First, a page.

School integration redux

Posted: January 04, 2013

By Jay Mathews

Few education experts have been as true to a seemingly unworkable idea as Richard D. Kahlenberg, an author and senior fellow at the Century Foundation. Since the 1990s, he has been the nation's leading exponent of socio-economic integration. That means he wants as many low-income students as possible to attend schools with a middle-class majority.

As Kahlenberg notes in an illuminating new piece in American Educator magazine, research shows that poor kids transferred to schools with middle-class majorities do better on average than in schools with low-income majorities. Why? He offers three reasons: Middle-class schools provide peers with better study habits and behavior, parents who are more involved and more likely to complain about problems, and stronger teachers with higher expectations.

Because this is a mostly middle-class country, why can't we adjust school boundaries and provide transportation to let all low-income students have these role models and protectors?

People who ask that question get quizzical looks from know-it-alls like me. Don't they remember the '70s? We tried putting poor black kids into affluent, white schools, and vice versa.

It was a well-intended, disheartening failure. Voters rebelled against boundary changes and busing. Affluent parents abandoned integrated schools. Politicians, local and national, Democratic and Republican, gave up on the idea.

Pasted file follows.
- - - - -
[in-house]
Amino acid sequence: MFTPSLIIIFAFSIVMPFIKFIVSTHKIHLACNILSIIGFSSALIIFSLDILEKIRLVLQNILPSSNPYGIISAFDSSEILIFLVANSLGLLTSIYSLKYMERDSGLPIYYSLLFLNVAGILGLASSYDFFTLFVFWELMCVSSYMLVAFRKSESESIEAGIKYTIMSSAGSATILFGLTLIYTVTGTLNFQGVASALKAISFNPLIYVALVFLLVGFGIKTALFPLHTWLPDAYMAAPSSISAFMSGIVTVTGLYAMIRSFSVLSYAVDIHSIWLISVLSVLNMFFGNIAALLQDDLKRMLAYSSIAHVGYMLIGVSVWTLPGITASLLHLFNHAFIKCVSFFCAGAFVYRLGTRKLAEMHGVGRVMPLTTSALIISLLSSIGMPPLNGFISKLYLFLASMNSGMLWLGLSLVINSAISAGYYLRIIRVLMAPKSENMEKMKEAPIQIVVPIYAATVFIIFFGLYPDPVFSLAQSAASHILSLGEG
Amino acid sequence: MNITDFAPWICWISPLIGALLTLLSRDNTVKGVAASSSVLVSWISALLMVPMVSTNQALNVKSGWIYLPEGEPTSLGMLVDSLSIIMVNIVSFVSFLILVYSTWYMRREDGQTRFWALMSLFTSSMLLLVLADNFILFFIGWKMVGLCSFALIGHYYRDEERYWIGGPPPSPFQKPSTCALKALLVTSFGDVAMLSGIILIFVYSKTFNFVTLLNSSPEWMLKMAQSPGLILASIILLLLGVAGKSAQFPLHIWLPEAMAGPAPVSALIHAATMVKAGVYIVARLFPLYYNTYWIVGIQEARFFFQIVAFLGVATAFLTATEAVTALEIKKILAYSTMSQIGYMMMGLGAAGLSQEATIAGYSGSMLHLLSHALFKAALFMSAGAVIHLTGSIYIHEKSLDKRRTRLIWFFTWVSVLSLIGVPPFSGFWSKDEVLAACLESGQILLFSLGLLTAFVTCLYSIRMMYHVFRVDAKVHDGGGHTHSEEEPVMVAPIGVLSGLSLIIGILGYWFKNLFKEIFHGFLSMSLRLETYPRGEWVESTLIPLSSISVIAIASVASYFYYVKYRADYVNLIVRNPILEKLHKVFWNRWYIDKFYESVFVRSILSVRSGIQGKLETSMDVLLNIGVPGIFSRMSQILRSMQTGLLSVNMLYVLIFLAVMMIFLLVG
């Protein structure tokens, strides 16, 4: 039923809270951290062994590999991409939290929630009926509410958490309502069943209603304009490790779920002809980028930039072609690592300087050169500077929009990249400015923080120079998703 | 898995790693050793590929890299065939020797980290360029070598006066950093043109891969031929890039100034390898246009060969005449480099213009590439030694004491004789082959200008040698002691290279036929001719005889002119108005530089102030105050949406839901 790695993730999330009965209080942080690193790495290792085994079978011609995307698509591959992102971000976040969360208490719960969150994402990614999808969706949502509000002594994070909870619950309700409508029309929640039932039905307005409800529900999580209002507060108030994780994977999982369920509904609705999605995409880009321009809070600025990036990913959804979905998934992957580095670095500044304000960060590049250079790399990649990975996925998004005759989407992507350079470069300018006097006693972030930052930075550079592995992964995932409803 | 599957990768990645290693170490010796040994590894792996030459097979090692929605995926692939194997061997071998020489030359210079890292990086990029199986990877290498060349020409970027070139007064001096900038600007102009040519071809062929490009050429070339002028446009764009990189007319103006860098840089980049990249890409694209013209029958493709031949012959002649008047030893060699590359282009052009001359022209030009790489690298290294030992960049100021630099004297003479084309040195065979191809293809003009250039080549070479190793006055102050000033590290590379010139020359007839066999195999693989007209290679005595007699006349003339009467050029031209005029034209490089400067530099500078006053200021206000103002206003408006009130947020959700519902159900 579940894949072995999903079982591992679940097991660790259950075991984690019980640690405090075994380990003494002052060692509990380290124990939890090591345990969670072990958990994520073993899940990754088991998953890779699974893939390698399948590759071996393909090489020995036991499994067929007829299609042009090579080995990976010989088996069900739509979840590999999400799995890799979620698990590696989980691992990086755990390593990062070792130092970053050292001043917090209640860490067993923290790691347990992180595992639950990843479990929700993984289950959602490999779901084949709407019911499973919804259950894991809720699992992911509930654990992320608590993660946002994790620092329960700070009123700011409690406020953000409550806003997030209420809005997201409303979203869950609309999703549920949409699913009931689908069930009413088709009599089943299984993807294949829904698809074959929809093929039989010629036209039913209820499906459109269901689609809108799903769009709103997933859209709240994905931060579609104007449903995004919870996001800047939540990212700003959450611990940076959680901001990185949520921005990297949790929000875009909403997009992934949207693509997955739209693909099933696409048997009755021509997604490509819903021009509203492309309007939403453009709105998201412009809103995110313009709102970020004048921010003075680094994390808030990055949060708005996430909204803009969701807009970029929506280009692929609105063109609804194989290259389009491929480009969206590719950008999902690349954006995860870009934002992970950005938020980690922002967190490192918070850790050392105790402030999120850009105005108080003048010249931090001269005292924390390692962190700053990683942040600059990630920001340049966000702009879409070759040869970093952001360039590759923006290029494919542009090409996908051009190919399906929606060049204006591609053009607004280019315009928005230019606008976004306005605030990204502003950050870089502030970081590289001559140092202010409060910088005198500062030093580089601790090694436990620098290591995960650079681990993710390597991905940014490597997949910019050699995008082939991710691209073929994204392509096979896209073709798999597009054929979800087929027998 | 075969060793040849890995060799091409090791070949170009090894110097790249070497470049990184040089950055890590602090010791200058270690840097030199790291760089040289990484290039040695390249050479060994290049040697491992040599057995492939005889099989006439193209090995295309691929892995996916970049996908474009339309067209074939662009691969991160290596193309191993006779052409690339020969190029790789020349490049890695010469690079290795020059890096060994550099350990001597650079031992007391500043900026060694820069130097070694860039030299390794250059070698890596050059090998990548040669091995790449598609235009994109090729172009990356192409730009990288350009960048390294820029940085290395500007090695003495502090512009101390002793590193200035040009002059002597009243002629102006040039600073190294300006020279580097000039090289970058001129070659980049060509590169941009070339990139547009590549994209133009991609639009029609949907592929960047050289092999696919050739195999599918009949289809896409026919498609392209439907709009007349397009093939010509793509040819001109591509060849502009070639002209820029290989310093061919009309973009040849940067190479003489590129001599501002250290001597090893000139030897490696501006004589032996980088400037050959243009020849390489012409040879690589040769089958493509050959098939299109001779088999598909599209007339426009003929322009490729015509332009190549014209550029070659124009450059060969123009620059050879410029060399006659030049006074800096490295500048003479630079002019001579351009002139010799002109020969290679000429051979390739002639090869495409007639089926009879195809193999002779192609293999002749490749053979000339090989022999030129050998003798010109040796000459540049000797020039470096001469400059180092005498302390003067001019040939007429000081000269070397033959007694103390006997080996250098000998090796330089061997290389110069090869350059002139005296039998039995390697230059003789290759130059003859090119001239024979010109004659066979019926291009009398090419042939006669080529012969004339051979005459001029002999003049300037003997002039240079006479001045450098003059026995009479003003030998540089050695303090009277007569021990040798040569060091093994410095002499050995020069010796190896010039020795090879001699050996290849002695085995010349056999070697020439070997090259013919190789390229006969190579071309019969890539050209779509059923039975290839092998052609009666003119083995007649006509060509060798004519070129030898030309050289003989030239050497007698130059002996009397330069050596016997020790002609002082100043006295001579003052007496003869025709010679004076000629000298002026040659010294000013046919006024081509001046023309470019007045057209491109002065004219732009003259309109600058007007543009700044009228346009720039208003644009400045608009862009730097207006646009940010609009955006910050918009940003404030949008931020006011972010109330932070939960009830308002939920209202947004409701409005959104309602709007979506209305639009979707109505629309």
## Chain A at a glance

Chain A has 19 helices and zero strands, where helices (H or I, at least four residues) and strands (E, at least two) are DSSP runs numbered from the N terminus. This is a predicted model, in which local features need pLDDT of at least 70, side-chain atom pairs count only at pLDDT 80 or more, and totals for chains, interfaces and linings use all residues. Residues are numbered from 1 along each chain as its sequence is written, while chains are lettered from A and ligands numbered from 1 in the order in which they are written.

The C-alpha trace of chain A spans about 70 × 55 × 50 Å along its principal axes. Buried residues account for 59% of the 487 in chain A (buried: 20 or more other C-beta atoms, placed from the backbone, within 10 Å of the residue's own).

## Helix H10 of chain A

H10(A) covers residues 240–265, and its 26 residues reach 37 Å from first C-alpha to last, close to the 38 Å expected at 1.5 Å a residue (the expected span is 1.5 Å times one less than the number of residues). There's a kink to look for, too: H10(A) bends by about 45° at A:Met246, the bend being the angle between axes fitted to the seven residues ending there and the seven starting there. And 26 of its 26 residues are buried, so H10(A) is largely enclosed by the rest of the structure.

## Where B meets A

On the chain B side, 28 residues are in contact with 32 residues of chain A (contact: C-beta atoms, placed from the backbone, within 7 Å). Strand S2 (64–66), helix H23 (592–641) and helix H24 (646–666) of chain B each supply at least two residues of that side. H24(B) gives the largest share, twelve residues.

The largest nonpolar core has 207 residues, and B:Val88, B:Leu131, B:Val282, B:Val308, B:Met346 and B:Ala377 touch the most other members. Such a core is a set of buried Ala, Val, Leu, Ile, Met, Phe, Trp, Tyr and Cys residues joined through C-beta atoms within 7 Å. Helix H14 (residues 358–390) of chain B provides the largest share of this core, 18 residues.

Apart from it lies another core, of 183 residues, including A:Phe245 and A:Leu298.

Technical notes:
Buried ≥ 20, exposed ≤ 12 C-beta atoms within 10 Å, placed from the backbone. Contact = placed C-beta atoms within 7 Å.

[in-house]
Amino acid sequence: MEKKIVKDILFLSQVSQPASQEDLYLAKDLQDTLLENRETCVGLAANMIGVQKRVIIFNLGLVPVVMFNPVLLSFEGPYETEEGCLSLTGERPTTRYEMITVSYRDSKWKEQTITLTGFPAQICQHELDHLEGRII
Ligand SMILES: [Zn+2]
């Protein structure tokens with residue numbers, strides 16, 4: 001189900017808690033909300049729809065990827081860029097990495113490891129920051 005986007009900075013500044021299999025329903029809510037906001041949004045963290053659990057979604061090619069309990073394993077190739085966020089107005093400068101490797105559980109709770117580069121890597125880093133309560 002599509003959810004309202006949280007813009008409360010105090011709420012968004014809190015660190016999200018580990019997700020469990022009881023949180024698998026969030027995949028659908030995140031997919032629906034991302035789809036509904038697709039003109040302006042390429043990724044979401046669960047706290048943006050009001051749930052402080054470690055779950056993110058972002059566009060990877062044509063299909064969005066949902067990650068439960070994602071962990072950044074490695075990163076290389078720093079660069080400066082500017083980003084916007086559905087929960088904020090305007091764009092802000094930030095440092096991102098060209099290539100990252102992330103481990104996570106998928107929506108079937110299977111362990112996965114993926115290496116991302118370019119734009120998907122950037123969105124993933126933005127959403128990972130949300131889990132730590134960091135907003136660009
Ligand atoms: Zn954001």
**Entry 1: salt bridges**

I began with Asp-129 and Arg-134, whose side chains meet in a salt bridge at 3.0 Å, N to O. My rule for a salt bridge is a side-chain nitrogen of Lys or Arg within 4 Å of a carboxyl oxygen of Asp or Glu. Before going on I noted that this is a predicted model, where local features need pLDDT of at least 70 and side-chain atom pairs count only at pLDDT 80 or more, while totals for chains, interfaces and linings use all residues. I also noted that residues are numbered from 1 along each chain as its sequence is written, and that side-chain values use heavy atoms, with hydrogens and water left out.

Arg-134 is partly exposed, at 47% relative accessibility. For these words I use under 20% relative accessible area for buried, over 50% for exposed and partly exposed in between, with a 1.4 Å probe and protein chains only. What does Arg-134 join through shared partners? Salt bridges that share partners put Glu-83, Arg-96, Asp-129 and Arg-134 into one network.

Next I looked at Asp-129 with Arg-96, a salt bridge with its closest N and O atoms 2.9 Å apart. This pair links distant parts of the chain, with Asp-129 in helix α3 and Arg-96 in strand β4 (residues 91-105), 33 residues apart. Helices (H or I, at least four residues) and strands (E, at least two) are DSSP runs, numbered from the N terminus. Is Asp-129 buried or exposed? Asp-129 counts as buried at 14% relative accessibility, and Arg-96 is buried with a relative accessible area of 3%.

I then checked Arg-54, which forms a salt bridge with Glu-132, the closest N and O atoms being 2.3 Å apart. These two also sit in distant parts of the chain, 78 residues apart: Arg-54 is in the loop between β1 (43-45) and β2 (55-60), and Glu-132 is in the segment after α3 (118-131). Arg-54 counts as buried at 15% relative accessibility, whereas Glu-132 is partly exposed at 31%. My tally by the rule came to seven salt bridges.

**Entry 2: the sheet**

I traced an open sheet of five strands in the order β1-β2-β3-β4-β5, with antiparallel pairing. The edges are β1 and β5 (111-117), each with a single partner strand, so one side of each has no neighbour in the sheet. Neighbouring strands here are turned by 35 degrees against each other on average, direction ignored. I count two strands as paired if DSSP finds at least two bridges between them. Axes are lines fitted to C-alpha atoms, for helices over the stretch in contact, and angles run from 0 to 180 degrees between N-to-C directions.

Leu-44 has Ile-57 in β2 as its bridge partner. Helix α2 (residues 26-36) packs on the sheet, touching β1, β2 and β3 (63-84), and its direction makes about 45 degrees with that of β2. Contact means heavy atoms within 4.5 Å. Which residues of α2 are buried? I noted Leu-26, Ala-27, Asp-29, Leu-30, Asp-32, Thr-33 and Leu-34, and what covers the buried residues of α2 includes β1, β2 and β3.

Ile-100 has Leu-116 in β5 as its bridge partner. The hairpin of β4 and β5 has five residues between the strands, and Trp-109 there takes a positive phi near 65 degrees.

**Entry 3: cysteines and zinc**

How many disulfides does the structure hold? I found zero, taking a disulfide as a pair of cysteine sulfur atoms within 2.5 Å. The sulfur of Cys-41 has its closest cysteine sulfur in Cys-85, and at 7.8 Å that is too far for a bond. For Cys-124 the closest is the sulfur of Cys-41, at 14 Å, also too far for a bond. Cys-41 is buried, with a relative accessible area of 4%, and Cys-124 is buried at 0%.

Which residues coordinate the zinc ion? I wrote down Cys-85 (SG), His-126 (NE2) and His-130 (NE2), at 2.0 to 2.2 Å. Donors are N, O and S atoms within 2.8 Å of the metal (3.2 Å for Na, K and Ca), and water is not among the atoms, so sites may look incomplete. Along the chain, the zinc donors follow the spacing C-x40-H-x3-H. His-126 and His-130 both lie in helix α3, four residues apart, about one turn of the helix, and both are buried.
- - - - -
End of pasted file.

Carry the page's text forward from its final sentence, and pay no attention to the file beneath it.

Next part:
But Kahlenberg hasn't, and his point of view has made headway. In his piece, he describes a small but increasing number of successful experiments in socio-economic balance. Skeptics like me should at least acknowledge that many affluent parents want their children to mix with low-income students, so long as everyone is getting a challenging education.

Kahlenberg told me that "greater integration could be facilitated by creating whole-school magnet programs to attract more affluent students into schools located in tougher neighborhoods. Likewise, money could be used to provide a financial bonus for wealthier schools to accept low-income student transfers." Boundary adjustments could help.

With socio-economic integration still difficult to arrange, conscientious educators have tried instead to bring the habits of rich schools to poor ones. They hire principals and teachers with high expectations for inner-city kids. They make the school day and year longer to compensate for the lack of enrichment at home. They prepare all students for college. They are in essence embracing Kahlenberg's point, that middle-class values produce better students.

When Kahlenberg started work on his landmark 2001 book, All Together Now, there was only one district, with 8,000 students, pursuing socio-economic integration. Now there are 80 districts, with four million students. Wake County, N.C., which briefly abandoned its experiment, has returned to integration because parents refused to let it go.

Teachers having success in schools without socio-economic integration are rooting for Kahlenberg, as am I. We should pursue every possible way to help poor kids learn, including Kahlenberg's enlightened explanations of how to give our schools a better mix of family incomes.

Jay Mathews writes for the Washington Post. He can be reached at

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